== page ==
Interview

#TogetherAgainstCOVID19 - Swiss Biotech

#TogetherAgainstCOVID19 highlights voices from across the European biotech landscape. Read our interview with Swiss Biotech CEO, Michael Altorfer. 

Could you please introduce Swiss Biotech?

The Swiss biotech industry represents one of the leading biotech ecosystems globally. Since more than 50 years, Switzerland has built up an external innovation pool that complements the R&D portfolio of the multinational pharma companies and represents one of the most innovative industry segments of Switzerland. Together, pharma and biotech companies generate about 40% of all Swiss exports.

The Swiss biotech companies attract about 1.0- 1-5 billion CHF VC capital each year and invested about 2 billion CHF in R&D projects in 2019. The Swiss biotech hub comprises about 1’000 companies out of which about one third conducts proprietary R&D projects. Together with CROs, CDMOs and specialized advisors, these companies have built up about 50’000 high quality jobs. Many multinational pharma and biotech companies and specialized Swiss manufacturers (such as Lonza or Bachem) have selected Switzerland as their home base for production sites and for their international headquarters. The strong biotech industrial sector benefits from the presence of world-leading universities and hospitals which provide a constant stream of innovative technology transfer and licensing opportunities.

Founded in 1998, the Swiss Biotech Association currently counts 277 member companies and represents the interests of the Swiss biotech industry. To support its members in a competitive market, the Swiss Biotech Association works to secure favorable framework conditions and facilitate access to talents, novel technologies and financial resources. To strengthen and promote the Swiss biotech industry, the Swiss Biotech Association collaborates with numerous partners and life science clusters globally under the brand Swiss Biotech.

The COVID-19 pandemic requires collaboration across many fields, especially in the field of biotechnology. How does Switzerland and its vibrant biotech ecosystem contribute to the European efforts?

Indeed, Switzerland belongs to the most active countries in the global response to the Covid- 19 pandemic. After the US and China, Switzerland is listed with the 3rd largest number of Covid-19 related R&D projects (> 20 therapeutics and vaccines).

Thereby, Switzerland uses all elements of its life science innovation power. The leading Swiss universities and university hospitals are equally involved as the Swiss biotech and pharma companies. Naturally, new approaches to develop Covid-19 specific therapeutics and vaccines are in the spotlight. But biotech companies as well as multinational pharma companies like Roche and Novartis have rapidly launched clinical trials in repurposing efforts to demonstrate that already marketed drugs could be useful in the treatment of Covid-19 patients. Roche has also been one of leading firms in the development and global distribution of test kits, both to test for the virus itself and for antibodies developed after the infection.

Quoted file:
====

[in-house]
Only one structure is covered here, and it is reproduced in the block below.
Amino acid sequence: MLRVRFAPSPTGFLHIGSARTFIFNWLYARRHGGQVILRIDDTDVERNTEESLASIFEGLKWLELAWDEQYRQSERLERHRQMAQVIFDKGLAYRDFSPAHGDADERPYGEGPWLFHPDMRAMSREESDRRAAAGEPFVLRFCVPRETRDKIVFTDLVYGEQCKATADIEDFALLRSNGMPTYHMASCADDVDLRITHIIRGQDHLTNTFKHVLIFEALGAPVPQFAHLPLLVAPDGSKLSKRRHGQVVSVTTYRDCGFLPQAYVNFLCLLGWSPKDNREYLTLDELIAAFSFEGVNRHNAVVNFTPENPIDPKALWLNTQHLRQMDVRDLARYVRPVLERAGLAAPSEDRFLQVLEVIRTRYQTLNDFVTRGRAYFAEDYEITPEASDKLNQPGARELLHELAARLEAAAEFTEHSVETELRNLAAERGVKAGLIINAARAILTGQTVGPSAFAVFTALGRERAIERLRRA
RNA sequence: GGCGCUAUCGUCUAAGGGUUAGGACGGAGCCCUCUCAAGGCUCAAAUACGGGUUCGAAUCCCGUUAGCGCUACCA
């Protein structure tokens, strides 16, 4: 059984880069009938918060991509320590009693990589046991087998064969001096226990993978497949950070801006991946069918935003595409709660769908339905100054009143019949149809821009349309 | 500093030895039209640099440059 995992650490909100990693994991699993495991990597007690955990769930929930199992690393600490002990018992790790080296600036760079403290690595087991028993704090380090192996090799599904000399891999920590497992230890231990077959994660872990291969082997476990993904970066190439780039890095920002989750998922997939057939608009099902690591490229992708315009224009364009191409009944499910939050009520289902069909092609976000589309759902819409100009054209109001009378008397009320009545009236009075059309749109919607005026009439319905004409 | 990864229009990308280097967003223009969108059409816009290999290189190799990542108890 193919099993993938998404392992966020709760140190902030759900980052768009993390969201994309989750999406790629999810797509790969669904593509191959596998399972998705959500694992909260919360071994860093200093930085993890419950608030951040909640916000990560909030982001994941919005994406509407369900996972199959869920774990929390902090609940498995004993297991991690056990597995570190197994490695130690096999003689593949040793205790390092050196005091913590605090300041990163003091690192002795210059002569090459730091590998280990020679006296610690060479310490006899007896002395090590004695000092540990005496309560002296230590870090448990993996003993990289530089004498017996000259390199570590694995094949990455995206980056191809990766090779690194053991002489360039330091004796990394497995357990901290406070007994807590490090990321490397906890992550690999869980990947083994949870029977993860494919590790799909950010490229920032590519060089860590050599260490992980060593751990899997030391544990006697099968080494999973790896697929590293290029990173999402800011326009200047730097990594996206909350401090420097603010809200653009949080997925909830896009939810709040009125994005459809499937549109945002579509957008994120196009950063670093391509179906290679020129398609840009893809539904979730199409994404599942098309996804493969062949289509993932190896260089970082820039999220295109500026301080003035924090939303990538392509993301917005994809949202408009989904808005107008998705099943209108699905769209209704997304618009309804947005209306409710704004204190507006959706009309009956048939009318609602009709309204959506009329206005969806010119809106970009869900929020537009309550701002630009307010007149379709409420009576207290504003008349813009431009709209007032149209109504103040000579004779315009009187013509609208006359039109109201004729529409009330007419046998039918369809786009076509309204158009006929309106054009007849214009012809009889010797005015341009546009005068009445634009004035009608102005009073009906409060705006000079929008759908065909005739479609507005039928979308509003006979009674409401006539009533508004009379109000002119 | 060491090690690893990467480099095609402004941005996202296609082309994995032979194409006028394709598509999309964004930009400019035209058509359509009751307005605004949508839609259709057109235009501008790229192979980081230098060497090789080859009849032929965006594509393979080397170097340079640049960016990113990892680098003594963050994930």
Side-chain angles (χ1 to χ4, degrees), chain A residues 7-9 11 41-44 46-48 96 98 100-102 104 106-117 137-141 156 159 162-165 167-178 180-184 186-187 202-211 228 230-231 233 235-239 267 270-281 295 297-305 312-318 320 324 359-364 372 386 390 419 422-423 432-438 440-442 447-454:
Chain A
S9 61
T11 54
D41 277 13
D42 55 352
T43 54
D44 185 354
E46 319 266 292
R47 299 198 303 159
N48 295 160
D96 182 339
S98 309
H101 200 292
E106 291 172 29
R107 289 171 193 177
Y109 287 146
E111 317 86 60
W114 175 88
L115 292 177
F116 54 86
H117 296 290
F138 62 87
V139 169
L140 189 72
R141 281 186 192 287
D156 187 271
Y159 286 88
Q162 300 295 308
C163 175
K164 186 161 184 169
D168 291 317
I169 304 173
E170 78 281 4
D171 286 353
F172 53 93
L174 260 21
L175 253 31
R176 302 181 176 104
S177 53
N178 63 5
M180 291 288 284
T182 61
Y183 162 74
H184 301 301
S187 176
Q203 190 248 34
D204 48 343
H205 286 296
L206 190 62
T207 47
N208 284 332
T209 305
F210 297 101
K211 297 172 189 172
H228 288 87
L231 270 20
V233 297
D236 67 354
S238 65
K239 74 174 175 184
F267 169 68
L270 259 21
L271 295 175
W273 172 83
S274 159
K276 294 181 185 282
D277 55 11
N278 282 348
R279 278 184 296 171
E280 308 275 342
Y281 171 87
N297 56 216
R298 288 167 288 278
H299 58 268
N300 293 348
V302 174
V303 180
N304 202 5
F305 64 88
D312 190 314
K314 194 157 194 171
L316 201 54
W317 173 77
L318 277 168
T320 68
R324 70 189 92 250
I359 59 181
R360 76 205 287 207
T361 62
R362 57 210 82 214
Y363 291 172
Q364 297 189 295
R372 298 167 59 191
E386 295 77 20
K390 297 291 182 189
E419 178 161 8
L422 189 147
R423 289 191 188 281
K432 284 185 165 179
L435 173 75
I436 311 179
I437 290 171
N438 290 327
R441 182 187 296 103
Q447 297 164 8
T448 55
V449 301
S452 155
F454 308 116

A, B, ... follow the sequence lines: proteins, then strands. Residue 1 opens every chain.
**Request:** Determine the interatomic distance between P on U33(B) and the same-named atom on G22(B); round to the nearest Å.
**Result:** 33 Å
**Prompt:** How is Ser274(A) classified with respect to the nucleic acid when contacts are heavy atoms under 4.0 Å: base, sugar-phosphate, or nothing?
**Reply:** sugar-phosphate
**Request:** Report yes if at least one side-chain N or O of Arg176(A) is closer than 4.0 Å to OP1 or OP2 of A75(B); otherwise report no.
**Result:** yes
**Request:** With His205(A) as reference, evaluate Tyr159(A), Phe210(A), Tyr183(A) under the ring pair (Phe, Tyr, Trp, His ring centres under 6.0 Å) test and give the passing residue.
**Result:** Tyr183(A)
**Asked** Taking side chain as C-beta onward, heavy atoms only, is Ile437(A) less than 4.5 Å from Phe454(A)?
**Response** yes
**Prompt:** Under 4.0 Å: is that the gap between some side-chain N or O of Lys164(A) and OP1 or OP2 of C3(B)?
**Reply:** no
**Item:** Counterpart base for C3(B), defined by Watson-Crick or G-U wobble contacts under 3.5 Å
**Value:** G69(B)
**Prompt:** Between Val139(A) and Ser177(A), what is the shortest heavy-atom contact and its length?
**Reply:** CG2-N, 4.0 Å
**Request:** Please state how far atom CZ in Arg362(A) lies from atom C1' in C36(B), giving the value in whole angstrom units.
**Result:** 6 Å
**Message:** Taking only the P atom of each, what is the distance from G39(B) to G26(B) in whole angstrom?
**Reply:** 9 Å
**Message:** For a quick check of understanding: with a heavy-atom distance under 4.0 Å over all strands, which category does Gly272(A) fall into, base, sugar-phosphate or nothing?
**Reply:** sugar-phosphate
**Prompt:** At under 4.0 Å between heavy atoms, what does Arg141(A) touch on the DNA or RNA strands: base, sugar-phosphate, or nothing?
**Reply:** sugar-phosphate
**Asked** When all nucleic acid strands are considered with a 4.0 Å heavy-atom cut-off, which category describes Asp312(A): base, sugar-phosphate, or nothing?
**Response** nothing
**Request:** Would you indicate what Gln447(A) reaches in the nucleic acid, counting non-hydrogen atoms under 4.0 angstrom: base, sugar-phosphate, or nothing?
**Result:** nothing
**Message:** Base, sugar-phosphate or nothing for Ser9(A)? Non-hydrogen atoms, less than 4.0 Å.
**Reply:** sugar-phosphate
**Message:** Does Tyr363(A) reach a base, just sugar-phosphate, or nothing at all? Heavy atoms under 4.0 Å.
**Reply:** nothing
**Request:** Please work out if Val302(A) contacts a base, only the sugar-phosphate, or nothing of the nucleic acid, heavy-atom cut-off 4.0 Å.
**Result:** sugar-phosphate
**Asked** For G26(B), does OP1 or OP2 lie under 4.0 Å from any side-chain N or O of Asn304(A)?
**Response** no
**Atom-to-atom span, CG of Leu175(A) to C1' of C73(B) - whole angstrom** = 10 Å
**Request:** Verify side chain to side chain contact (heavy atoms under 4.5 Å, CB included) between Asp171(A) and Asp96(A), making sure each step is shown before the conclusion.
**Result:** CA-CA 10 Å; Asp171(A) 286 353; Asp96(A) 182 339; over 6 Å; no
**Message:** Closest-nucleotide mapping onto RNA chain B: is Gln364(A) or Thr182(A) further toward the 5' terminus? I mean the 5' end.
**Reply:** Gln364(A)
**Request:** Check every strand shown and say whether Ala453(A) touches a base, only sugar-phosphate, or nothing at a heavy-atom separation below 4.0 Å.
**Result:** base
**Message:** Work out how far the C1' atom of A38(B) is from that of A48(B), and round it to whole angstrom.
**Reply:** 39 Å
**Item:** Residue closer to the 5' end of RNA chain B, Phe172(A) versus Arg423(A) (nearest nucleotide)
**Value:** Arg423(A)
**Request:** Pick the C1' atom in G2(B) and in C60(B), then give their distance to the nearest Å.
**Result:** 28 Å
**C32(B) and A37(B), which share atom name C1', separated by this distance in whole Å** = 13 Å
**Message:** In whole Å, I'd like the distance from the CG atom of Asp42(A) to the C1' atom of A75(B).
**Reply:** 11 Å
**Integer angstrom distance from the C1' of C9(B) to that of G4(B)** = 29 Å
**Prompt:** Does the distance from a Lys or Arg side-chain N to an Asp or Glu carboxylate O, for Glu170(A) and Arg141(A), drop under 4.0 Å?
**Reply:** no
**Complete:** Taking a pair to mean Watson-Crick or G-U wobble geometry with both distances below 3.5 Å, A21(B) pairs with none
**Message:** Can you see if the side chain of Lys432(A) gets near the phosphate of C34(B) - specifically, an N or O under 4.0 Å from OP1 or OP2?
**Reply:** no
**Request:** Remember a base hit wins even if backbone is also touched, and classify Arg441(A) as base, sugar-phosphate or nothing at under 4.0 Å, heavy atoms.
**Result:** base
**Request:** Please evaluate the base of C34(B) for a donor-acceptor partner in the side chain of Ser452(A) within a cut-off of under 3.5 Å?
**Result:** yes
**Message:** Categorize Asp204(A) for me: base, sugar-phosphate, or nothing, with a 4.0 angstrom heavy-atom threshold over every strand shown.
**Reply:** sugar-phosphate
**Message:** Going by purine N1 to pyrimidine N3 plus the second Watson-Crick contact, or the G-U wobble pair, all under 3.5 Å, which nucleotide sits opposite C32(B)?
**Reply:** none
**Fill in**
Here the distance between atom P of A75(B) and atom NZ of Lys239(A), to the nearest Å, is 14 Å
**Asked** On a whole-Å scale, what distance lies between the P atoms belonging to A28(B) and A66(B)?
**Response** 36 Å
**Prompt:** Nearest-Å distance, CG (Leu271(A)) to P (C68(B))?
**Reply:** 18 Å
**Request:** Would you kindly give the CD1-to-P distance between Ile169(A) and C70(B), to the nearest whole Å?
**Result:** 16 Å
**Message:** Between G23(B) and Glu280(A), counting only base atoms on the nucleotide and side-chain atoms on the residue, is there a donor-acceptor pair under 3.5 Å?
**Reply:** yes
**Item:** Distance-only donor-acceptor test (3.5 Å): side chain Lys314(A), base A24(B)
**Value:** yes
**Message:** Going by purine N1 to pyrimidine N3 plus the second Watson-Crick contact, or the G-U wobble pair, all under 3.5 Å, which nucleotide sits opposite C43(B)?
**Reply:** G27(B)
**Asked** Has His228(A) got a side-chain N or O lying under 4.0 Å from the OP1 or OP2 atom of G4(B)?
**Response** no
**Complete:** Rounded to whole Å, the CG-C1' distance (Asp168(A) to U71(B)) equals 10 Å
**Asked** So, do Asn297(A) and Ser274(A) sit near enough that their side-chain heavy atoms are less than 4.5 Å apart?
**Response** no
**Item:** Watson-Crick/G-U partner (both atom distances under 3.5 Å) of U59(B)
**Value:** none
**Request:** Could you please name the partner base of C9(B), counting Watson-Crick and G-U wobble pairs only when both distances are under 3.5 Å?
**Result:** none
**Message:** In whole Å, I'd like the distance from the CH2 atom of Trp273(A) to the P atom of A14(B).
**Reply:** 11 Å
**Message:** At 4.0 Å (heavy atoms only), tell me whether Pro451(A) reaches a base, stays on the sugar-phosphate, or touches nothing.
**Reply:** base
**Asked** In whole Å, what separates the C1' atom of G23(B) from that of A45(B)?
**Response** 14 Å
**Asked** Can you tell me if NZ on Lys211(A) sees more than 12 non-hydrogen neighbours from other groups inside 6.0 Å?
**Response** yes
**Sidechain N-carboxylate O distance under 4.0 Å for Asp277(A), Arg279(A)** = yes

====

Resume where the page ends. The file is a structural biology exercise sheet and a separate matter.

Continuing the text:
Swiss scientists have been among the first to produce virus clones and to provide such information to the global community to support Covid-19 related research and identify potential therapeutic targets. Last but not least, leading manufacturers also teamed up with biotech and pharma companies to support the R&D efforts on the logistics and manufacturing side. An area that is a key constraint as time is of essence and thus not only the discovery and development of novel therapeutics and vaccines is critical but also the global supply chain.

Many biotech companies across Europe have responded and show promising and highly innovative approaches in finding treatment against the virus. How did European-wide collaboration support these developments?

Indeed, it was remarkable to see that while the political collaboration was difficult as nations focused on their borders and national territories during the most pressing period of the crisis, the scientific international collaboration continued and actually intensified.

Switzerland benefits from a long tradition of international collaboration. As the country is so small and has very limited natural resources, science and knowledge based skills and industries have been essential for the well-being, competitiveness and international collaboration.

Also in this crisis, the international scientific network and good political relations helped Switzerland to not only play an important part in the response to the Covid-19 pandemic but to do so in collaboration with international partners that have been able to amplify and complement the Swiss response. As mentioned above, Switzerland has also played an important role in developing an early understanding of the virus, its replication and infection mechanism. Thanks to the open and international collaboration this knowledge was shared globally. Equally, when Swiss based companies engaged in Covid-19 R&D projects they could rapidly count on global partners to secure a global supply chain network that will be able to ensure a rapid delivery once a first vaccine or therapeutic will be approved. Furthermore, it was remarkable to see that during the pandemic the Swiss biotech companies could easily reach out to their partner network. The access to regulatory bodies internationally was smooth and in many instances accelerated. The big pharma companies proved equally open to collaborate or to share advice. Last but least, also the international collaborations through webinars and the multinational associations, such as EuropaBio and ICBA worked effectively and were never interrupted.

In biotech R&D activities, collaboration and joint efforts come naturally in order to achieve successful outcomes. The European national biotech associations are working together to connect and support these innovative organizations that will find a cure. Where would you see room for improvement in the European response?